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Smart Living | Lifestyle

Lifestyle | 22 Nov 2021

Smart savings: How tech can make your home more energy efficient

Smart home kit can not only help the environment, but also boost your home's energy efficiency while adding futuristic, convenient features.

Keeping a typical family home cosy and warm, with hot water on tap and a range of appliances and devices powered up and ready for action, takes a lot of energy. Especially during the colder, darker months.

So, it should come as no surprise that close to a quarter (22%) of the UK’s carbon emissions come from our homes, according to the Energy Saving Trust.

With energy prices rocketing, and climate change disrupting weather patterns around the world, making your home more energy efficient is the smart move. Here’s how to use the latest tech to cut your household emissions – and your bills.

Smart thermostats

Smart thermostats connect your heating system to the internet so you can control it remotely using your smartphone – or a virtual assistant such as Alexa or Siri – whether you’re at home or not.

This is useful for situations such as switching your heating off while you’re on holiday or when you’ve accidentally left it on when you’re out and about. Some models, such as those from Nest, can learn your preferences and routine, automatically turning the heating on and off as needed.

You can compare your usage data to those of your neighbours. This may be a potential indicator that you need to increase the amount of insulation in your home, perhaps, or that you could reduce your chosen temperature by a degree without noticing much difference, thereby reducing costs.

Some smart thermostats, such as the Honeywell Evohome, can adjust the temperature in each individual room – although this would need smart valves on the radiators in each room which adds to the expense. The Evohome can even work with underfloor heating.

Many smart thermostats, such as the Hive Thermostat, can form the basis of your entire smart home – Hive also offers a range of home security cameras, smart lights, and smart plugs, all of which can be controlled via the Hive app.

Smart lighting

If you are looking for a way to make your home more energy efficient while also having some fun, smart long-life light bulbs such as Philips Hue are a great place to start.

They are easy to install as you simply screw them in place of your existing bulbs. With LED table and floor lamps, indoor and outdoor wall lights, ceiling pendants, and light strips in a variety of colours and effects, they can be atmospheric as well as efficient.

Thanks to a link up with Spotify, you can even enjoy a light system that syncs with the music you’re playing at the time.

Hue bulbs are controlled through Bluetooth when you’re nearby. If you want to control them when you’re away from home, you’ll need to invest in the Hue Bridge.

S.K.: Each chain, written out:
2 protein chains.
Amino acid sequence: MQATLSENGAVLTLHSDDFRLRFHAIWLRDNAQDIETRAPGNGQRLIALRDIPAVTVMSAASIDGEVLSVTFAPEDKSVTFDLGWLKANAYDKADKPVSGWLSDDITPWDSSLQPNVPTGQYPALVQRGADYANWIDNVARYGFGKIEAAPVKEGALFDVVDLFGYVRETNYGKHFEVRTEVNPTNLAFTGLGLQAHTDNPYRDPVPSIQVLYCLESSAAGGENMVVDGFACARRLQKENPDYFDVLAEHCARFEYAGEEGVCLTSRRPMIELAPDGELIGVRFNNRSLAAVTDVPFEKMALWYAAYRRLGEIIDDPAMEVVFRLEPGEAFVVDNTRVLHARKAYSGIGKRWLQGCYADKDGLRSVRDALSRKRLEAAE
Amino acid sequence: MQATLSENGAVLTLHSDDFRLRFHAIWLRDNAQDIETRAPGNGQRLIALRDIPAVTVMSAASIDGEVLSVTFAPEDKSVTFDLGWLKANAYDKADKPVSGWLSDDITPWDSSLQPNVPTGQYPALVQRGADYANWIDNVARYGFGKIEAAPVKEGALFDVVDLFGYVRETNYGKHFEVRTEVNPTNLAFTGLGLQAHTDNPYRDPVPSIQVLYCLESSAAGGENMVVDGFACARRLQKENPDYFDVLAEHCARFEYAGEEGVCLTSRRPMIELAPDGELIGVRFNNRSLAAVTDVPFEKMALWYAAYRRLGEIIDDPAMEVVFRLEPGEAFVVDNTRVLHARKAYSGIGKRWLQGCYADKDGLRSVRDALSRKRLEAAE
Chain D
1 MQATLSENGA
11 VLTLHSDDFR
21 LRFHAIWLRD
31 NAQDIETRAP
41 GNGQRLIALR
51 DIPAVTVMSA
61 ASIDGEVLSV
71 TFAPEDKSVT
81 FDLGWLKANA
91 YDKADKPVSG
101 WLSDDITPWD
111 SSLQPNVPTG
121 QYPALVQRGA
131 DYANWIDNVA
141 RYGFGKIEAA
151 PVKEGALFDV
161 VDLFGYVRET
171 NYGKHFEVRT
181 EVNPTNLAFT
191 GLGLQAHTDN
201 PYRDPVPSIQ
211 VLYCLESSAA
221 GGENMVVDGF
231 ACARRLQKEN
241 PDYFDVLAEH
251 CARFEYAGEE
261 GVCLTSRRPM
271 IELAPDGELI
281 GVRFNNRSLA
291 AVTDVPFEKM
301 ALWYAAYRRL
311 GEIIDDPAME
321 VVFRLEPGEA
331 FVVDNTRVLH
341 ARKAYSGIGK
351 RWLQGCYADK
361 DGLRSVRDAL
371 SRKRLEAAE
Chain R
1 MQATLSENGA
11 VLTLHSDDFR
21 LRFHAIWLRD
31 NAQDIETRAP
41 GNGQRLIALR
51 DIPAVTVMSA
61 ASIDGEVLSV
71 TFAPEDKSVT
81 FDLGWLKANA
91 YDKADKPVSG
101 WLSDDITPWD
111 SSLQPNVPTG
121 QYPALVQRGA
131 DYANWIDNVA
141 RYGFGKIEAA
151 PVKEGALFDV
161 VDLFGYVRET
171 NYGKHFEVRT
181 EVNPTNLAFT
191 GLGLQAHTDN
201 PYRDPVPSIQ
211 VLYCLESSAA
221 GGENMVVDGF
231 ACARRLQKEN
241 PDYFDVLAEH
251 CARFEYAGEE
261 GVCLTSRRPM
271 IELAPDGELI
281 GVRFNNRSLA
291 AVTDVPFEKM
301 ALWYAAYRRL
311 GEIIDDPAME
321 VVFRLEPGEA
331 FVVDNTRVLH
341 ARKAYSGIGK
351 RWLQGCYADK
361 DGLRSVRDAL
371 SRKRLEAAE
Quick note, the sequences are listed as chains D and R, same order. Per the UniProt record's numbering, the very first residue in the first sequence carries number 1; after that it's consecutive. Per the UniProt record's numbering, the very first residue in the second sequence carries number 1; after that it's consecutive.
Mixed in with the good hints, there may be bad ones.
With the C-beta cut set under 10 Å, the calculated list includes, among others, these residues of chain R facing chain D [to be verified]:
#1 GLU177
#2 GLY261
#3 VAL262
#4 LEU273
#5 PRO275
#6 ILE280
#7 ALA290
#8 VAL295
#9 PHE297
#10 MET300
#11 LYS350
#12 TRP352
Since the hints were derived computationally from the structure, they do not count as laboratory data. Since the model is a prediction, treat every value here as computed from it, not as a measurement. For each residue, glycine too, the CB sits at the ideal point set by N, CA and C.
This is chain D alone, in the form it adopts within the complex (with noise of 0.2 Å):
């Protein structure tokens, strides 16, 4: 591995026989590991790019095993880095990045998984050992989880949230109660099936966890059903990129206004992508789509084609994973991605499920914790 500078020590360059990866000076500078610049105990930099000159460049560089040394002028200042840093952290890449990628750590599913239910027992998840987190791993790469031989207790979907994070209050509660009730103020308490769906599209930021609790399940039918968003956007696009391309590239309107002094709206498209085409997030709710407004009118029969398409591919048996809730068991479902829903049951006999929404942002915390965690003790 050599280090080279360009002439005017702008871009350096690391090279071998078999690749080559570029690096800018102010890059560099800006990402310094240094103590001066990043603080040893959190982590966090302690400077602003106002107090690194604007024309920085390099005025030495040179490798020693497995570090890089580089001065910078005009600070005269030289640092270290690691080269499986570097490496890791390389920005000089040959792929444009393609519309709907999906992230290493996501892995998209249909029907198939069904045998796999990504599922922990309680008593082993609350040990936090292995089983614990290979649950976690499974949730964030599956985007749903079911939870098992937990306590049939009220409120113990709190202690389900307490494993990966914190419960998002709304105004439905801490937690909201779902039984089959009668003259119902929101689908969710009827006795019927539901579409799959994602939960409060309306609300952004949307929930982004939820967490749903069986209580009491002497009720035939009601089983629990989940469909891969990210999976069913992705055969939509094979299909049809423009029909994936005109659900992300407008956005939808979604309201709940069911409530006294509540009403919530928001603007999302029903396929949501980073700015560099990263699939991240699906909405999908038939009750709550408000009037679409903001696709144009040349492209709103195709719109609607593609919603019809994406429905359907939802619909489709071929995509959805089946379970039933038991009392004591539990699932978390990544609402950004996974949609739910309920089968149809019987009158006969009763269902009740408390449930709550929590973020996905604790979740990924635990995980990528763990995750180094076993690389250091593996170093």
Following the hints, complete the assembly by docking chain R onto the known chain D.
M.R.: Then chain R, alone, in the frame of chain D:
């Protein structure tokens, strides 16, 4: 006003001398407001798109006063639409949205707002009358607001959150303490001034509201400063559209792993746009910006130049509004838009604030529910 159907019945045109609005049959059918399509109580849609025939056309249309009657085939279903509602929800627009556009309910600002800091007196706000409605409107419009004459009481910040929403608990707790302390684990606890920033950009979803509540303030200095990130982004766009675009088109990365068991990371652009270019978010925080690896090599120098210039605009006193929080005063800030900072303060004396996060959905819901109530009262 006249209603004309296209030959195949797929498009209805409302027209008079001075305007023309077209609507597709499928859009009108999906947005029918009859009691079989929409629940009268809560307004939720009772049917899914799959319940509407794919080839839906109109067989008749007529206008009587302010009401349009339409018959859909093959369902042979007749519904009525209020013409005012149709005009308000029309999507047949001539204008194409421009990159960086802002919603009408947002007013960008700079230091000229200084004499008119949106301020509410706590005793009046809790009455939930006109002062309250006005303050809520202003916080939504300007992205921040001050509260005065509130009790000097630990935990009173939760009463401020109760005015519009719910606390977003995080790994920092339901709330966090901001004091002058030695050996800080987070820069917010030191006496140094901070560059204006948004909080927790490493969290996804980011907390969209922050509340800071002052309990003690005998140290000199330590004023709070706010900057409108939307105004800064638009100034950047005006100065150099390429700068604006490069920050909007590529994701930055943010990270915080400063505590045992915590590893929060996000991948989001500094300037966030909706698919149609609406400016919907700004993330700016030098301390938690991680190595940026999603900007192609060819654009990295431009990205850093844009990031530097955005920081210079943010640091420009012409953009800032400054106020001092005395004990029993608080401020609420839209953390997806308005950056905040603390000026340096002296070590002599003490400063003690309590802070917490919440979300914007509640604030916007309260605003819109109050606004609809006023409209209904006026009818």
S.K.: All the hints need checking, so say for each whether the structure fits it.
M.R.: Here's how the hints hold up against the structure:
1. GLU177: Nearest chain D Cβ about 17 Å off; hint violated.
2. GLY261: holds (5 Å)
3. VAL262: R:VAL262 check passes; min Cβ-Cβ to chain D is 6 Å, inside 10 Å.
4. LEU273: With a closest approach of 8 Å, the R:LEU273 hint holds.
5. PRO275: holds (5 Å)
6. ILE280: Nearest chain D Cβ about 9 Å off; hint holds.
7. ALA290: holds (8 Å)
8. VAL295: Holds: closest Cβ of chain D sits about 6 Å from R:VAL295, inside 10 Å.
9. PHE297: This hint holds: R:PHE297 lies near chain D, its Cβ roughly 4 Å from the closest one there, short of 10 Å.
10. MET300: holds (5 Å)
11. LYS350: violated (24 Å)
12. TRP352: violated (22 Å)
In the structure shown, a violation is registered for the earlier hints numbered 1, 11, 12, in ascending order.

Smart plugs

Smart plugs are a simple and cost-effective way to save energy while automating your home.

The Eve Energy smart plug, for example, monitors the energy usage of any device plugged into it and can even provide estimates on how much powering certain devices will cost – making it easy to be greener and save money to boot. You’ll soon learn not to overfill that kettle when making a single cup of tea!

Comparison website Confused.com says leaving our appliances on standby costs UK households more than £230m a year. Let’s face it, how many of us bother to switch off our TVs and set-top boxes at the plug overnight? But to avoid wasting money like this, look no further than Bye Bye Standby.

This simple smart socket enables you to cut power to electrical devices that are in standby mode. Just plug it into the wall and you can control up to four electrical devices via remote control.

Solar power

If you’re serious about reducing your household’s energy consumption, you could also consider installing green energy generation tech such as solar panels.

Although the costs have come down significantly over the last decade, they can still be quite expensive – expect to pay up to £8,000 to fit solar panels capable of powering a detached family home. But as they can potentially provide all the electricity your home needs, you should have no problem making your money back over time in savings on your energy bills.

Once you are generating energy with your solar panels, you can also benefit from the government’s Smart Export Guarantee (SEG), introduced in 2019 to replace the feed-in tariff scheme (which only existing members can still use).

Like the feed-in tariff scheme, it allows solar panel owners to export surplus electricity back to the national grid and be paid for it at a pre-determined rate.

Other, less costly ways to harness the power of the sun include buying a portable solar charger that can be used at home or on the go to power essential devices such as your phone. Options worth looking at include the Big Blue solar charger and the 21W Anker PowerPort.

It’s worth bearing in mind that these kinds of solar chargers tend to be less efficient than household panels, so you’d need several hours of direct, unobstructed sunlight outdoors to charge a typical smartphone.

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